With the Super Bowl over and basketball and hockey playoffs months away, I have been thinking about a more serious subject: democracy.
Democracy is a system of government in which people are free to elect their leaders, such as presidents, governors and members of Congress. The leaders are supposed to work together to find solutions to the problems facing the people.
Lately, people are wondering whether our democracy works very well. Parts of the federal government shut down for 35 days, and our leaders don’t seem to be solving such problems as climate change, immigration or how to care for people who need help.
Some experts think we are no longer very good at democracy because we don’t practice it. In the past, more people joined clubs or belonged to organizations in which they learned how to solve problems within the group.
Now, people spend more time on the Internet. The Internet can be used to bring people together — think of online fundraising campaigns to help disaster victims — but it’s often used to divide people. Social media is full of opinions shared in ALL CAPS with lots of exclamation points.
You are probably wondering what this has to do with kids and sports. At their best, sports are a place where kids can learn to be part of a team and work within a group. In other words, sports can be a place where kids can learn about democracy.
Most kids, however, play organized sports. Those are games such as Little League baseball or AAU basketball, where adults make and enforce the rules. These sports are good, but they mostly teach kids to obey the referees or coaches, not solve their own problems.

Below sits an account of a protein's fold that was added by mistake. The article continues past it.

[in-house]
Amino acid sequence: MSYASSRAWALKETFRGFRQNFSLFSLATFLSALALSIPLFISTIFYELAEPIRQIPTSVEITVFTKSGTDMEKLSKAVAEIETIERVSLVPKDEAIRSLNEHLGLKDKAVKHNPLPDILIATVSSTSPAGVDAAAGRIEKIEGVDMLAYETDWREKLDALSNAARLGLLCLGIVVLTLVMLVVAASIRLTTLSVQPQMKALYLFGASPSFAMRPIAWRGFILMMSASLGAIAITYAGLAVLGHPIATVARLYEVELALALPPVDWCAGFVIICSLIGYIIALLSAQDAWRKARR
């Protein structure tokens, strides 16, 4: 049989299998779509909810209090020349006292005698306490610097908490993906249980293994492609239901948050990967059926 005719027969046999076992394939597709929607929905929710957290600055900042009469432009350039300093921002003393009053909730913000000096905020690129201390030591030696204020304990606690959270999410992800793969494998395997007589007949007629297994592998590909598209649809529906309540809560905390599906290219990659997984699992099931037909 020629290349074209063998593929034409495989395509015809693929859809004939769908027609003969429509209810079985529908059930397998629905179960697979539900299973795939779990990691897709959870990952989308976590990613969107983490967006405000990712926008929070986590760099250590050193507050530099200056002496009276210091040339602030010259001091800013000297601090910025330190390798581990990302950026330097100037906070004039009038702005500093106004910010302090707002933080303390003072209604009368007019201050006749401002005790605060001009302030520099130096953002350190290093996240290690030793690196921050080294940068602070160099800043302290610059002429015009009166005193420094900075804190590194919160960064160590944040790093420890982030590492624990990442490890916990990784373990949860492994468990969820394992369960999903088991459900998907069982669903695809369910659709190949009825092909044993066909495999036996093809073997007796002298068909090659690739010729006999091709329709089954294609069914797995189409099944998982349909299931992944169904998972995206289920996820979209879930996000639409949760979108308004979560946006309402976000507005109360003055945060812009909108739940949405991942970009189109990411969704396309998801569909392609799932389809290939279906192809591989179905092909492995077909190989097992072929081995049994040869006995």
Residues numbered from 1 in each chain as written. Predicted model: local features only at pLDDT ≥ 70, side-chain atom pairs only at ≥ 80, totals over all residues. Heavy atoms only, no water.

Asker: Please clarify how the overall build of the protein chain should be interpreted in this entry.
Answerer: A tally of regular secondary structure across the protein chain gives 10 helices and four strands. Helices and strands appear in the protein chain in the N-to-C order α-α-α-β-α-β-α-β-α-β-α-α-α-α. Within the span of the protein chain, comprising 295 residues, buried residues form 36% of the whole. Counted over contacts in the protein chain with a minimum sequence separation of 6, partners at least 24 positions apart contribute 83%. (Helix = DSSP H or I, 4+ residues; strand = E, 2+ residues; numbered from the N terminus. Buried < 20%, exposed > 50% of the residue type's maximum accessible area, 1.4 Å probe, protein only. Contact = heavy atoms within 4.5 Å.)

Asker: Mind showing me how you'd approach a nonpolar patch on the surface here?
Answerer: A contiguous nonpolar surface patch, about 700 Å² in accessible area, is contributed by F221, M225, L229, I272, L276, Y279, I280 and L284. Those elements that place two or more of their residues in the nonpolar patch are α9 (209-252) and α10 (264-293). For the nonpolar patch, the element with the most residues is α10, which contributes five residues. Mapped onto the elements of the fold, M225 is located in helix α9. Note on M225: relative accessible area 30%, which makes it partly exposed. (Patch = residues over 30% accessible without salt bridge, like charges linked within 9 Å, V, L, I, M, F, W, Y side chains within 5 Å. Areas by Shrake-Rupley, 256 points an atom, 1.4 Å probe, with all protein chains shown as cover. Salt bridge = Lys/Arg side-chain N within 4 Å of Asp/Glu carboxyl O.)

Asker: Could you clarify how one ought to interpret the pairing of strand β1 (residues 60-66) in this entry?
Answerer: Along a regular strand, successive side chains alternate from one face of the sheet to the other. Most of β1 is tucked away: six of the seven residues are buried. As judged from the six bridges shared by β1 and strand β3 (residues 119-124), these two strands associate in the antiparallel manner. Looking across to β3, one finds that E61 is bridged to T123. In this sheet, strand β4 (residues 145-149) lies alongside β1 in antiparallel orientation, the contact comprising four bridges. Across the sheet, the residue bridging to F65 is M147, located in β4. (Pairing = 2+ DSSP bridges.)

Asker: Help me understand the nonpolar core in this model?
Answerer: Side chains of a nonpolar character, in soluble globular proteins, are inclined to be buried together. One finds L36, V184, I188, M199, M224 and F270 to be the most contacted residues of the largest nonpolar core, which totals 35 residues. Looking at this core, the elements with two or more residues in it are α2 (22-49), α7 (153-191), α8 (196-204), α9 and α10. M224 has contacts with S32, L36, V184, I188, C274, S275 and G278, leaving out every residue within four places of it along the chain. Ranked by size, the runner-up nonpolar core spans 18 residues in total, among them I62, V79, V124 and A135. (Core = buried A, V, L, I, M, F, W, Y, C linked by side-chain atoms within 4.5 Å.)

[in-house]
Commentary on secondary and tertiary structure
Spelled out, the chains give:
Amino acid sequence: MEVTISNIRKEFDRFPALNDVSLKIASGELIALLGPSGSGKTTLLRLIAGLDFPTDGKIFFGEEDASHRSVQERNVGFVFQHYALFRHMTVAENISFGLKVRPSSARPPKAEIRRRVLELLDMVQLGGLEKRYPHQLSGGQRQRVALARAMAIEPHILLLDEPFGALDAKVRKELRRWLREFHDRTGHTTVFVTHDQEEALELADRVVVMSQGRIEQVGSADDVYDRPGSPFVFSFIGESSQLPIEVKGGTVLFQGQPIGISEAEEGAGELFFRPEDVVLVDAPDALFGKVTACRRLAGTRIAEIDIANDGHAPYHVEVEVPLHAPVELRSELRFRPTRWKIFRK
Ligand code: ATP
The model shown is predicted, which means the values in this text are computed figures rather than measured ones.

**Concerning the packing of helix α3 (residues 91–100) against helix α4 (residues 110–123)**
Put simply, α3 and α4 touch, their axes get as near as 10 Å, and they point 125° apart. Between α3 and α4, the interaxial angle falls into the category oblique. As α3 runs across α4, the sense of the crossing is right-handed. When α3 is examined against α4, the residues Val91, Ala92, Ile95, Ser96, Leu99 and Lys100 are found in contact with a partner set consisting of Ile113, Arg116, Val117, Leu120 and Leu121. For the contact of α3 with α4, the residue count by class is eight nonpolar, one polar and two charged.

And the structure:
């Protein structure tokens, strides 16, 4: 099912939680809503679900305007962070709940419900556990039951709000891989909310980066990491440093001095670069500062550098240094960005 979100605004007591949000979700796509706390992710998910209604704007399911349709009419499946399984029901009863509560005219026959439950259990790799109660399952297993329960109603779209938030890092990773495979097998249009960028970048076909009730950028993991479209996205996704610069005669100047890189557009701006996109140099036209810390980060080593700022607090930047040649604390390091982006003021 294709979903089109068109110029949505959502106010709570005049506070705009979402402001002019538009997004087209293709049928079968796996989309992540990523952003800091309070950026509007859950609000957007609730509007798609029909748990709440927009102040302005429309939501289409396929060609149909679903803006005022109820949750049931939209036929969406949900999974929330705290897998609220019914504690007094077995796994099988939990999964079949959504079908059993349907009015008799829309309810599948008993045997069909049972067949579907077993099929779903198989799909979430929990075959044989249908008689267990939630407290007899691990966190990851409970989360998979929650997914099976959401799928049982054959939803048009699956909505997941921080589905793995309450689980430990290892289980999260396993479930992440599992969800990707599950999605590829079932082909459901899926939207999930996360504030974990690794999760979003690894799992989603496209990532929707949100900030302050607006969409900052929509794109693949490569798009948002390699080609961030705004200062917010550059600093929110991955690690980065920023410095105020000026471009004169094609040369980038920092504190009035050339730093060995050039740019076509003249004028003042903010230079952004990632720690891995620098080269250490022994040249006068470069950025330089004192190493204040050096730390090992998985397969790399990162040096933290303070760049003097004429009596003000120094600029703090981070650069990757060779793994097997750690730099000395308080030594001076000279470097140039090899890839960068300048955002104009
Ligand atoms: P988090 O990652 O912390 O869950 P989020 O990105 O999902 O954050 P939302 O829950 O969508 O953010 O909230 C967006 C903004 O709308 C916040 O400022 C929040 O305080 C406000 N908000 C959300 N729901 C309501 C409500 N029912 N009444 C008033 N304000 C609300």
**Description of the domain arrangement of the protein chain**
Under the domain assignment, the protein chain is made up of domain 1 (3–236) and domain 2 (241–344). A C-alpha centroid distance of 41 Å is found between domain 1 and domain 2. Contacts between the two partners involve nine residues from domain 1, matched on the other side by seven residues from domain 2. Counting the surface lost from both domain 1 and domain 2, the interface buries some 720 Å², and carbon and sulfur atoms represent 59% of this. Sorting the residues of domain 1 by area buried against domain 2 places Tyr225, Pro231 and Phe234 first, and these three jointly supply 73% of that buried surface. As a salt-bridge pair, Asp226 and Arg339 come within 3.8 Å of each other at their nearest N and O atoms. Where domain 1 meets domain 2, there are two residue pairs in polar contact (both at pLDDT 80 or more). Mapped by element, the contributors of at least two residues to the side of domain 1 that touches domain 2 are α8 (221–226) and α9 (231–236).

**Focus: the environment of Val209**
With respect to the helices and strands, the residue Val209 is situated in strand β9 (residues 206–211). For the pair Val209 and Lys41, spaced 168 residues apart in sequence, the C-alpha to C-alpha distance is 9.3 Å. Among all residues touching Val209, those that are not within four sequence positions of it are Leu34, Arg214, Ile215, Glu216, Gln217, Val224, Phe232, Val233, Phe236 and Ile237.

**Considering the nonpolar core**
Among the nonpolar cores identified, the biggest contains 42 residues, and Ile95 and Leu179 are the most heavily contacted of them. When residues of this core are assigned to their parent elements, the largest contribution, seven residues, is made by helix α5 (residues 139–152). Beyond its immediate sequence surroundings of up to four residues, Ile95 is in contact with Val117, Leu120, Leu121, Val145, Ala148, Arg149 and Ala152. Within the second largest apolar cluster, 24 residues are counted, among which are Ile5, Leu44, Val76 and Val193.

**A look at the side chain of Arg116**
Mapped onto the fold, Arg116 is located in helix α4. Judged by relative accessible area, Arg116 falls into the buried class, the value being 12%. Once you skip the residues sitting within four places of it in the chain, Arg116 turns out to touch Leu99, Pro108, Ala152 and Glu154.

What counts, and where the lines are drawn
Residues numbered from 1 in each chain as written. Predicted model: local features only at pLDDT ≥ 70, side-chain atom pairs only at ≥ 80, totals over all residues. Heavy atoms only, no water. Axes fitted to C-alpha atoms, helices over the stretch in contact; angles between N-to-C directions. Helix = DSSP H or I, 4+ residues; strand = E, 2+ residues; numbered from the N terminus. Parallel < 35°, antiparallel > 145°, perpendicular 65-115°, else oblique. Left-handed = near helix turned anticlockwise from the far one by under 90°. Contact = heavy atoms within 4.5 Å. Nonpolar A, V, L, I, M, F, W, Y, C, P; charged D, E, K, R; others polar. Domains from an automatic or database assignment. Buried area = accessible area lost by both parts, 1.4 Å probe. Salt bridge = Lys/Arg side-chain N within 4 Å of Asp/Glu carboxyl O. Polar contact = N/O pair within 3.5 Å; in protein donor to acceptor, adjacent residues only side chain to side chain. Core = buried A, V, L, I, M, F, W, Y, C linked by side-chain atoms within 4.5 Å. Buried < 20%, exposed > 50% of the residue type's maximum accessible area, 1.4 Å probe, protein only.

I think kids would learn more about democracy if they played disorganized sports. Disorganized sports are games such as pickup basketball or soccer matches where sweatshirts on the ground are goals. Games where kids — not parents or coaches — pick the teams, make the rules and call their own fouls.
When kids play disorganized sports, they learn how to work out problems with their teammates as well as their opponents. They learn how to make the rules of the game fair for everyone and not just a few.
Kids don’t seem to play these disorganized sports as much anymore. They are too busy with organized sports, homework or being on the Internet.
But coaches in organized sports could — let’s say every third practice — allow the kids to run the show. Let the kids pick the teams, make the rules and work out any problems among themselves.
Some parents and coaches may protest that kids will not improve their sports skills if the adults don’t run all the practices.
But the kids may learn about something even more important … democracy. And just like sports, democracy is something you have to practice.